HNGN Apolo Ohno Retires: Eight-Time Olympian to be Correspondent Instead Competing at 2014 Winter Olympics

April 25th, 2013

Apolo Ohno Retires: Eight-Time Olympian to be Correspondent Instead Competing at 2014 Winter Olympics

By Robert Christie | Apr 25, 2013

Olympic Medalist Apolo Ohno is hanging up his skates, according to USA Today.

The most decorated skater in the history of the Winter Olympics was busy the past year. He was on “Dancing With the Stars” and has had cameo roles on TV shows. He also appeared in the Syfy TV Movie “Tasmanian Devils.”

In addition to running the New York Marathon, he also became a spokesman exercise-induced bronchospasm—or EIB. EIB is disorder that can trigger breathing issues during or after exercise. Ohno was diagnosed with EIB in 2000 but never spoke about it during his skating career.

Ohno has not skated since 2010. However, he there was a possibility he would skate in the 2014 Sochi Olympics. (Sochi is a city in Russia.)

That possibility is now gone. The 30-year old will instead be a correspondent for the Sochi Olympics.

Here is an excerpt from USA Today Sports’ interview with Ohno:

Q: You never officially retired until now. Why?

A: “I never wanted to officially announce a retirement, never felt I needed to. It works for some people. For me my goal was to be as busy as possible, to make sure my transition after competition went well. I’ve been blessed to have success off the ice.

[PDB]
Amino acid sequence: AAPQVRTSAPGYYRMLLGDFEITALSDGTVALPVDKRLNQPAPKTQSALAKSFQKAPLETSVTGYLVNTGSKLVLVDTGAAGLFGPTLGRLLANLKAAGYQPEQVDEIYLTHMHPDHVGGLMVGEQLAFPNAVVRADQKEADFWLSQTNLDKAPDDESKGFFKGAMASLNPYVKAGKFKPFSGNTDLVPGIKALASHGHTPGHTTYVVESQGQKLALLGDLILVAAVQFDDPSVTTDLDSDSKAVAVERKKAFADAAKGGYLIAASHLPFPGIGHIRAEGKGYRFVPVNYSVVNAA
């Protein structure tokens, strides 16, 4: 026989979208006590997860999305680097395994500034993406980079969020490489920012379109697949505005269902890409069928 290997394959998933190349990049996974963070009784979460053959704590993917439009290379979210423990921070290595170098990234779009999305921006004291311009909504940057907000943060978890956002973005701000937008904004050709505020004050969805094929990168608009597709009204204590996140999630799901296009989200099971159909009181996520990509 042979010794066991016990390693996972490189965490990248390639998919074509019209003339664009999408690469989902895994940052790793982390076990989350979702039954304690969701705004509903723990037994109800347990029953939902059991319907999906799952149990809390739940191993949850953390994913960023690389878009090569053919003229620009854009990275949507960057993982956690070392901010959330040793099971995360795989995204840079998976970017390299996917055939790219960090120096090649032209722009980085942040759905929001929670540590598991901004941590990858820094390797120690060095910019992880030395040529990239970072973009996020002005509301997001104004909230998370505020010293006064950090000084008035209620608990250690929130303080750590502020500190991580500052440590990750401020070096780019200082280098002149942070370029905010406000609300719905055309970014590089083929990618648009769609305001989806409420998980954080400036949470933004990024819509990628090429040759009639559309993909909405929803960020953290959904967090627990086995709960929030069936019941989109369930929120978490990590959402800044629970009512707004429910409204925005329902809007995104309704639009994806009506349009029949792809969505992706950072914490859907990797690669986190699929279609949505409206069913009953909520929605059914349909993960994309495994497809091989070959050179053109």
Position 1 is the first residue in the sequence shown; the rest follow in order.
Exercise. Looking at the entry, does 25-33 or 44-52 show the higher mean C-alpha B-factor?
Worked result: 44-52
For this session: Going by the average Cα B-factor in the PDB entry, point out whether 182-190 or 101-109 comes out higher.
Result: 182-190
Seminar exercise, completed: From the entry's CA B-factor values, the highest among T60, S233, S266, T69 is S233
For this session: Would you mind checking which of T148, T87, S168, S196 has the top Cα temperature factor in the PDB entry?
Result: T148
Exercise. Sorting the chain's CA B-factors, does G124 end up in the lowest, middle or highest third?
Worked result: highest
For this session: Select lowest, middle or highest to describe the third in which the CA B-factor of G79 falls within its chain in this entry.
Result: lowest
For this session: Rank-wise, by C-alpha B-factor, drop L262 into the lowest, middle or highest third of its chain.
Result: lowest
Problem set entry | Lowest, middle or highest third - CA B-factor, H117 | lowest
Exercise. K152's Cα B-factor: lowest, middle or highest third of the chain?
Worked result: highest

I never really mentioned (retirement). It’s less than 12 months from the Olympic Games so I thought people would catch on. For me it was pretty much common sense. An Olympic pursuit really takes a full three to four years of Olympic preparation.”

Q: For the past year, the USA’s most successful Winter Olympic sport has been its most dysfunctional Winter Olympic sport, mired in a divisive scandal that has fractured the sport at the highest level. There’s been a skate tampering incident as well as allegations of physical and emotional abuse by the former head coach of the short track team. How difficult has that been to view from the outside?
A: “It was very difficult because at the end of the day, no matter who’s right and wrong, the only people that really suffer are the athletes. And unfortunately when it comes down to that, it means less medals for the United States and less medals for U.S. Speedskating. In the bigger picture I really hope they heal and come together.

We have some incredible athletes who have wonderful opportunities to win medals for our country, and I hope people can look past some of the issues that they have.

The problems in U.S. Speedskating are nothing new. U.S. Speedskating has been riddled with problems since when I started my career and we were always able to look past that. When it came down to performing on the ice, regardless of funding issues, we were always able to make it happen. And that’s what it’s all about.

I know it will come, but they will have to heal as soon as possible. They will have to train extra hard this year because the world is catching up. It’s not the same world in 1998 and 2002 when I was competing. Countries that weren’t really competitive are now medal threats like Russia and other parts of Europe. It’s sad, but I’m optimistic about our chances.”


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